Law Enforcement Immigration Task Force Letter on SAFE Act

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February 11, 2015

LEITF

February 10, 2015

The Honorable Trey Gowdy

Chairman, Subcommittee on Immigration and Border Security

1404 Longworth House Office Building

Washington, DC 20515

 

The Honorable Zoe Lofgren

Ranking Member, Subcommittee on Immigration and Border Security

1401 Longworth House Office Building

Washington, DC 20515

 

Dear Chairman Gowdy and Ranking Member Lofgren:

We, the undersigned law enforcement officers, write to express our opposition to the Strengthen and Fortify Enforcement (SAFE) Act, which was previously introduced in the 113th Congress as H.R. 2278. By requiring state and local law enforcement to become immigration agents, the SAFE Act distracts local law enforcement from our core public safety mission.

Immigration enforcement is, first and foremost, a federal responsibility. Immigration enforcement at the state and local levels diverts limited resources from public safety. State and local law enforcement agencies face tight budgets and should not be charged with the federal government’s role in enforcing federal immigration laws. Rather than apprehending and removing immigrants who have no criminal background or affiliation and are merely seeking to work or reunite with family, it is more important for state and local law enforcement to focus limited resources and funding on true threats to public safety and security.

Additionally, state and local law enforcement need the trust of our communities to do our primary job, which is apprehending criminals and protecting the public. Immigrants should feel safe in their communities and comfortable calling upon law enforcement to report crimes, serving as witnesses, and calling for help in emergencies. This improves community policing and safety for everyone.

The SAFE Act threatens to undermine trust between immigrant communities and state and local law enforcement. When state and local law enforcement agencies are required to enforce federal immigration laws, undocumented residents may become fearful that they, or people they know, will be exposed to immigration officials and are less likely to cooperate. This undermines trust between law enforcement and these communities, creating breeding grounds for criminal enterprises.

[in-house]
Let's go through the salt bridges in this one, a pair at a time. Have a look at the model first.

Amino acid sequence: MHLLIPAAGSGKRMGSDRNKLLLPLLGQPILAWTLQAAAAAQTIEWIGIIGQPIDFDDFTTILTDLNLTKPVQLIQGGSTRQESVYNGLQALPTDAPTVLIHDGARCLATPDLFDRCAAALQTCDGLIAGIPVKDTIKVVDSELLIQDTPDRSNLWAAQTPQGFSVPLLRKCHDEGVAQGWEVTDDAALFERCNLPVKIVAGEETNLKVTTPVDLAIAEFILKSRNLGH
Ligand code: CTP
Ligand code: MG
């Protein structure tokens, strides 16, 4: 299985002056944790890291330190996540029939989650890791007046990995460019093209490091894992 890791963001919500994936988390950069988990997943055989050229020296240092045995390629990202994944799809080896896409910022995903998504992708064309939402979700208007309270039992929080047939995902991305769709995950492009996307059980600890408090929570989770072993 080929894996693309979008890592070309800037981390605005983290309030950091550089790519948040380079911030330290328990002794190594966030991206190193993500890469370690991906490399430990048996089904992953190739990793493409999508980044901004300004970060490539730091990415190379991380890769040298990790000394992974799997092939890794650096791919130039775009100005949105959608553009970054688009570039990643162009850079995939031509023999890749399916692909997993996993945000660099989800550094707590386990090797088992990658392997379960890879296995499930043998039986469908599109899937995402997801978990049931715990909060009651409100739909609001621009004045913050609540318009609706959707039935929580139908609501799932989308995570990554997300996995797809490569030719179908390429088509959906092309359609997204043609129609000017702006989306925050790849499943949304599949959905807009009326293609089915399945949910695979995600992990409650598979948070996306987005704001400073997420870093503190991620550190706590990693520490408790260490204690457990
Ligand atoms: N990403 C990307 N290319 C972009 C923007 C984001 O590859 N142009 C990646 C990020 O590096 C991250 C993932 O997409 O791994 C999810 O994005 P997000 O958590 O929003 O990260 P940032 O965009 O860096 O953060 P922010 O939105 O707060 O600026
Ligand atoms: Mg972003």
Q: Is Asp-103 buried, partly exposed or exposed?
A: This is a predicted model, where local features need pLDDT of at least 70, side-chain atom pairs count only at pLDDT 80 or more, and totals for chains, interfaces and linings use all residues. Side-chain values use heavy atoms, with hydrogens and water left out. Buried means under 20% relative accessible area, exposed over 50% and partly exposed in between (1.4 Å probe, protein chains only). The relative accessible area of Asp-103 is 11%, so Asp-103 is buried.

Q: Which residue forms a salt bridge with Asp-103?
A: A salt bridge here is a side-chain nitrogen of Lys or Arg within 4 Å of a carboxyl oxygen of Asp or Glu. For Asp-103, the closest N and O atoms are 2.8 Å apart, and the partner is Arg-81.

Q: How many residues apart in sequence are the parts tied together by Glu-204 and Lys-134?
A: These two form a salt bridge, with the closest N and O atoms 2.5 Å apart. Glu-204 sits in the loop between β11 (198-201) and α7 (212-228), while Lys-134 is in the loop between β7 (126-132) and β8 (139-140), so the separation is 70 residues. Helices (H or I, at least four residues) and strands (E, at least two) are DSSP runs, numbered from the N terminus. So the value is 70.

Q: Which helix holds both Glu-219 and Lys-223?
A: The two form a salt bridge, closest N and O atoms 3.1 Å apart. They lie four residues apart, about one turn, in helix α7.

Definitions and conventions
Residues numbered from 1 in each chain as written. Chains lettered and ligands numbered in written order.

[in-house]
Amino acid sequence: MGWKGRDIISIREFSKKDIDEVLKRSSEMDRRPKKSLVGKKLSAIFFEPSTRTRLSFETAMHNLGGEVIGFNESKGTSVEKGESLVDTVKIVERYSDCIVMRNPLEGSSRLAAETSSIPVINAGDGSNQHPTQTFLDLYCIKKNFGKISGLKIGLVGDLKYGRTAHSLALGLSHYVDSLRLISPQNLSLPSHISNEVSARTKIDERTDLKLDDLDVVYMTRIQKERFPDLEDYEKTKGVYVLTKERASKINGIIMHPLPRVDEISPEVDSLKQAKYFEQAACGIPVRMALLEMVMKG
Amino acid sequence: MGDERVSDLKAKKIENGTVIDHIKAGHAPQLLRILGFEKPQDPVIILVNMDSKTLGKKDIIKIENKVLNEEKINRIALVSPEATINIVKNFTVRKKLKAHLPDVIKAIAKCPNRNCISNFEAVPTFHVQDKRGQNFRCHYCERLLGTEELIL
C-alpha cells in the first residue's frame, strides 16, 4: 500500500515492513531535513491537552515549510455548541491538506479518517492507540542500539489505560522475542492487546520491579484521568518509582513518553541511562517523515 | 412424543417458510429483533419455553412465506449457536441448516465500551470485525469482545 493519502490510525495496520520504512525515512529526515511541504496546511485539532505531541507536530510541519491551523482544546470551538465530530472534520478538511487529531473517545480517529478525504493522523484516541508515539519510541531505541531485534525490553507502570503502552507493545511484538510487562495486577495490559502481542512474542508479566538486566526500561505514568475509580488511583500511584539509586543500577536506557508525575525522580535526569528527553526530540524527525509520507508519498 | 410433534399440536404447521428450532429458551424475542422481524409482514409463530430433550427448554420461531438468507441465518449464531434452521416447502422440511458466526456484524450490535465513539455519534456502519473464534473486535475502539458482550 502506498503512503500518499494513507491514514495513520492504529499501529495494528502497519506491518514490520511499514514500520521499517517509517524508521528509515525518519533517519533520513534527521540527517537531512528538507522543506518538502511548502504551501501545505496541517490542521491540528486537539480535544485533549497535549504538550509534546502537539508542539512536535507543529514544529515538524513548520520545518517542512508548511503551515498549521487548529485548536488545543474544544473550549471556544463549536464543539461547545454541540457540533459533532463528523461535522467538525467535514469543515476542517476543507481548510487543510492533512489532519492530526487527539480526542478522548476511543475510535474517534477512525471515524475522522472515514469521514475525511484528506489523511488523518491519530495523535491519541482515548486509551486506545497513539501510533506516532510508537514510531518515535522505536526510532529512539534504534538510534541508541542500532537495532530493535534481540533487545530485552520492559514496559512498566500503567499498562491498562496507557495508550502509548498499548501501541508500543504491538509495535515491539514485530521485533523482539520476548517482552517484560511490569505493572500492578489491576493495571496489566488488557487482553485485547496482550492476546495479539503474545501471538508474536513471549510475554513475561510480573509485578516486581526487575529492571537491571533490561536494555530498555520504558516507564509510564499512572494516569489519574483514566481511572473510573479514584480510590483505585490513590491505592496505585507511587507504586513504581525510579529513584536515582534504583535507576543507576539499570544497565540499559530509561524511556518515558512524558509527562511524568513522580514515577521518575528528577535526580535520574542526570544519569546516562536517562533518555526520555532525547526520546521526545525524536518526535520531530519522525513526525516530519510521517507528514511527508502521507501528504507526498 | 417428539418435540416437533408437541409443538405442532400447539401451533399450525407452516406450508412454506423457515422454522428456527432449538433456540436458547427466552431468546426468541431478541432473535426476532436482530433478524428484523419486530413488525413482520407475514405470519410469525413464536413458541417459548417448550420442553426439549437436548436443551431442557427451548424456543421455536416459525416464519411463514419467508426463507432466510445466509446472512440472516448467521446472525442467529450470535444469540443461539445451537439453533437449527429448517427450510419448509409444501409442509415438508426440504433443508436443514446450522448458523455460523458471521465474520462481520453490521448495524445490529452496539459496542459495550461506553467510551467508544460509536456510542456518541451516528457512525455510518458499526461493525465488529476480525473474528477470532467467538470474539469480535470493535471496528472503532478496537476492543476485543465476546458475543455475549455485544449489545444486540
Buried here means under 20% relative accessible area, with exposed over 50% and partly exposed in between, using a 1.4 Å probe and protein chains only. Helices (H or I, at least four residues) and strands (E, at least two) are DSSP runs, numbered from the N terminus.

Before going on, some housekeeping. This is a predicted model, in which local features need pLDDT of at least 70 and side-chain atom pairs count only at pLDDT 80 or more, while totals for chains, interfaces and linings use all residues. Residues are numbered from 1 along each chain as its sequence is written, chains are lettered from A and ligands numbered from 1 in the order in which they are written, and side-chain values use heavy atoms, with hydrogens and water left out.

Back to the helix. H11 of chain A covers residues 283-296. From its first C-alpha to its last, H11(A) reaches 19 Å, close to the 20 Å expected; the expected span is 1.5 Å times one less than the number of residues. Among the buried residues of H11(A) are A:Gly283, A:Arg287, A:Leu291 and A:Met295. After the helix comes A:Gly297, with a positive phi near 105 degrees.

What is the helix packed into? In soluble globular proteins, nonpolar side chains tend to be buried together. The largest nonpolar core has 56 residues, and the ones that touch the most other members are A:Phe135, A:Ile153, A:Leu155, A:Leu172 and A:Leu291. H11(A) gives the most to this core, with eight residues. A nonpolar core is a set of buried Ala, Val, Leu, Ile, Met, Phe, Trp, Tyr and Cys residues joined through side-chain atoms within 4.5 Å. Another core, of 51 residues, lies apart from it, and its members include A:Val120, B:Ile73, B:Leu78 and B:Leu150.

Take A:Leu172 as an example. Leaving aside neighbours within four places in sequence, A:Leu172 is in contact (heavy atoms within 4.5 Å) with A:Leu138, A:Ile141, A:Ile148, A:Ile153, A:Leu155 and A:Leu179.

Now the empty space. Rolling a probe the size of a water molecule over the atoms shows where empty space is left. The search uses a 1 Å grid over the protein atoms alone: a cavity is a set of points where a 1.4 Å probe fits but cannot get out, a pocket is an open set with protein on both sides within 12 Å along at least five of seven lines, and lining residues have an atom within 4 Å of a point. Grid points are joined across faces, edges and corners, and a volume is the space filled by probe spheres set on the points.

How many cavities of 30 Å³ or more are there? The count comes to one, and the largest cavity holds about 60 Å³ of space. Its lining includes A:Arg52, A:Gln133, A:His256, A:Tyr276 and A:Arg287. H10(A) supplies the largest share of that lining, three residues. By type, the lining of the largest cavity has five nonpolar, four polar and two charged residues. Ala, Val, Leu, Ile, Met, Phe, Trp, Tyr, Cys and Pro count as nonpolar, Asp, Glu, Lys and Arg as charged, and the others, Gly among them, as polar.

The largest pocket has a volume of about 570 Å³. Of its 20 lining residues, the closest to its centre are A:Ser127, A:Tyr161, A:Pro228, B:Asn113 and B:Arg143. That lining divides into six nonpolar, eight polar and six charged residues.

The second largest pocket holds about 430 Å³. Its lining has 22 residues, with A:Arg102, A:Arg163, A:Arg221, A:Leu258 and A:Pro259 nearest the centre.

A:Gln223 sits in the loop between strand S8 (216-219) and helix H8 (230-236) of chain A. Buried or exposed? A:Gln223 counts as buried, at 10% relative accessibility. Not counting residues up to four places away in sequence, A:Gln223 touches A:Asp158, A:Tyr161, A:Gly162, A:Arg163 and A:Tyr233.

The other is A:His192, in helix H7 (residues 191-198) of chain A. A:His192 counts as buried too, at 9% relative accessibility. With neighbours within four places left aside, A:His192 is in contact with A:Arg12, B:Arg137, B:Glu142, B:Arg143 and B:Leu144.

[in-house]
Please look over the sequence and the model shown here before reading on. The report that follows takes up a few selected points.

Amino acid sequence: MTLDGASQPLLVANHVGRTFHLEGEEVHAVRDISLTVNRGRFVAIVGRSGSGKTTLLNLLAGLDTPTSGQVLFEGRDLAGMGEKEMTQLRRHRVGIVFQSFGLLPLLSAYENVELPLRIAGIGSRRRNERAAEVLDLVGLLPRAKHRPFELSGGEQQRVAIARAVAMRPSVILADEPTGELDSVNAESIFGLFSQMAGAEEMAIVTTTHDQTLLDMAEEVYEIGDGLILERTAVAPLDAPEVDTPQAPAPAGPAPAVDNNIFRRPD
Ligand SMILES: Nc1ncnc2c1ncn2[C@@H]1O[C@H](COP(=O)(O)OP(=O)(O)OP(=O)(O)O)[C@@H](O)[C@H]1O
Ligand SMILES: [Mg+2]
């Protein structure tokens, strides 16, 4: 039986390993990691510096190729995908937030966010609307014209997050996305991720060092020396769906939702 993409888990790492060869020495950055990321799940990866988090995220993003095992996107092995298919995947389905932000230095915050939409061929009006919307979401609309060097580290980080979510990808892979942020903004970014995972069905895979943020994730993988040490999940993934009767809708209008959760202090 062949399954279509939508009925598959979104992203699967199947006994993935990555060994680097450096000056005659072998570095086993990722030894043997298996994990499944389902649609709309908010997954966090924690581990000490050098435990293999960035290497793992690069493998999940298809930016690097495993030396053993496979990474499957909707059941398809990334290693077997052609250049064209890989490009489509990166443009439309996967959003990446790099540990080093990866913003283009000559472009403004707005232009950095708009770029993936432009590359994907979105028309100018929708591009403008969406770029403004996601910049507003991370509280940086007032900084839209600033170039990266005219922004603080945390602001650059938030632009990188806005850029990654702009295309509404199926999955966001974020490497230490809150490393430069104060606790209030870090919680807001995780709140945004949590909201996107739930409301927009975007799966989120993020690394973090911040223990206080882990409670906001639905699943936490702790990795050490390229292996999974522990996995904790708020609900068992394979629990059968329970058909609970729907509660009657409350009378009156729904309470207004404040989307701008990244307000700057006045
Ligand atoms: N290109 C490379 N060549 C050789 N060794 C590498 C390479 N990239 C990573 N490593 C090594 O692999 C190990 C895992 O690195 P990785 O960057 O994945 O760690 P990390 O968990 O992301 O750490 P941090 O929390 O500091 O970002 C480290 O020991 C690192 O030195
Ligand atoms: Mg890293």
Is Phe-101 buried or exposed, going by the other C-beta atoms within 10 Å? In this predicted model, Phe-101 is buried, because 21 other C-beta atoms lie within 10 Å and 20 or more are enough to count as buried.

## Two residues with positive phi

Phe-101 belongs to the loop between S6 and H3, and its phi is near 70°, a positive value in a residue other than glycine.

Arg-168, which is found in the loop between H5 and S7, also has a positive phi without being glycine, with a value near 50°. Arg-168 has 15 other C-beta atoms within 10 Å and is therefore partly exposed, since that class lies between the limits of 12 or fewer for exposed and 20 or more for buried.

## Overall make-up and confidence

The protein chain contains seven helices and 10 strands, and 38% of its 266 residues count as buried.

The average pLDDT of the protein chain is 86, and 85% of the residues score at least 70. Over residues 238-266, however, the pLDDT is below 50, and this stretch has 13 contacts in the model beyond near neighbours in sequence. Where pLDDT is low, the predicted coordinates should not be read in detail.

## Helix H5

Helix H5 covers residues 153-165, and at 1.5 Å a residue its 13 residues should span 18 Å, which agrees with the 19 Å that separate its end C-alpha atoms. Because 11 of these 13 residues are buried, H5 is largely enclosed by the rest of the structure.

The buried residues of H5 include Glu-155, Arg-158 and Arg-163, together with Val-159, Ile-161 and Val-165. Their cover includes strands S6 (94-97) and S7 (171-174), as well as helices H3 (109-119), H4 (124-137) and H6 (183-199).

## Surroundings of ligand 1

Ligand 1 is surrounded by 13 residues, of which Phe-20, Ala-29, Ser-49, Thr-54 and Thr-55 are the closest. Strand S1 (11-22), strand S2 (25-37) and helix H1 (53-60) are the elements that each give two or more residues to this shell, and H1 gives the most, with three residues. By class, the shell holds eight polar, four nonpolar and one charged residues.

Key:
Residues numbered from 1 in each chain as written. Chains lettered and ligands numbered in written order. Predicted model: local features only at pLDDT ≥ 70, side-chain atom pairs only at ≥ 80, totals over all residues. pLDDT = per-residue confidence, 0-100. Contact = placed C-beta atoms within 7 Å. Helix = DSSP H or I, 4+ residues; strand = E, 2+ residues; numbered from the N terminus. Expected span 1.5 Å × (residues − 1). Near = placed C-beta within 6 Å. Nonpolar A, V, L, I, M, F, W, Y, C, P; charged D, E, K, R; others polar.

Rather than requiring state and local law enforcement agencies to engage in additional immigration enforcement activities, Congress should focus on overdue reforms to allow state and local law enforcement to focus their resources on true threats — dangerous criminals and criminal organizations. We believe that state and local law enforcement must work together with federal authorities to protect our communities and that we can best serve our communities by leaving the enforcement of immigration laws to the federal government.

We continue to recognize that what our broken system truly needs is a permanent legislative solution. We believe the SAFE Act is the wrong approach. Our immigration problem is a national problem deserving of a national approach.

One of the key lessons learned from past reform efforts is that all parts of our complex immigration system are interrelated, and must be dealt with in a cohesive manner, or we will see the results of unintended consequences and will need to revisit the issues again in the future as the failings become apparent. Movement to a piecemeal, enforcement-only model that foists responsibilities on state and local law enforcement is not the answer. The 114th Congress has a tremendous opportunity to fix our broken immigration system, advancing reforms that will help the economy and secure our borders. We look forward to continuing this positive discussion on how best to move forward with passing broad immigration reform into law.

 

Sincerely,

 

Chief J. Thomas Manger, President, Major Cities Chiefs Police Association (MCCA)

Chief Art Acevedo, Austin, Texas, Police Department

Chief Richard Biehl, Dayton, Ohio, Police Department

Chief Chris Burbank, Salt Lake City, Utah, Police Department

Sheriff Adell Dobey, Edgefield Country, South Carolina,Sheriff’s Office

Sheriff Clarence Dupnik, Pima County, Arizona, Sheriff’s Office

Sheriff Tony Estrada, Santa Cruz County, Arizona, Sheriff’s Office

Sheriff Paul Fitzgerald, Story County, Iowa, Sheriff’s Office

Assistant Chief Randy Gaber, Madison, Wisconsin, Police Department

Chief Ron Haddad, Dearborn, Michigan, Police Department

Chief James Hawkins, Garden City, Kansas, Police Department

Chief Dwight Henninger, Vail, Colorado, Police Department

Chief Michael Koval, Madison, Wisconsin, Police Department

Chief Jose Lopez, Durham, North Carolina, Police Department

Sheriff Leon Lott, Richland County, South Carolina, Sheriff’s Office

Chief Ron Teachman, South Bend, Indiana, Police Department

Chief Mike Tupper, Marshalltown, Iowa, Police Department

Sheriff Lupe Valdez, Dallas County, Texas, Sheriff’s Office

Sheriff Donny Youngblood, Kern County, California, Sheriff’s Office

 

 

*signatories updated 2/12/2015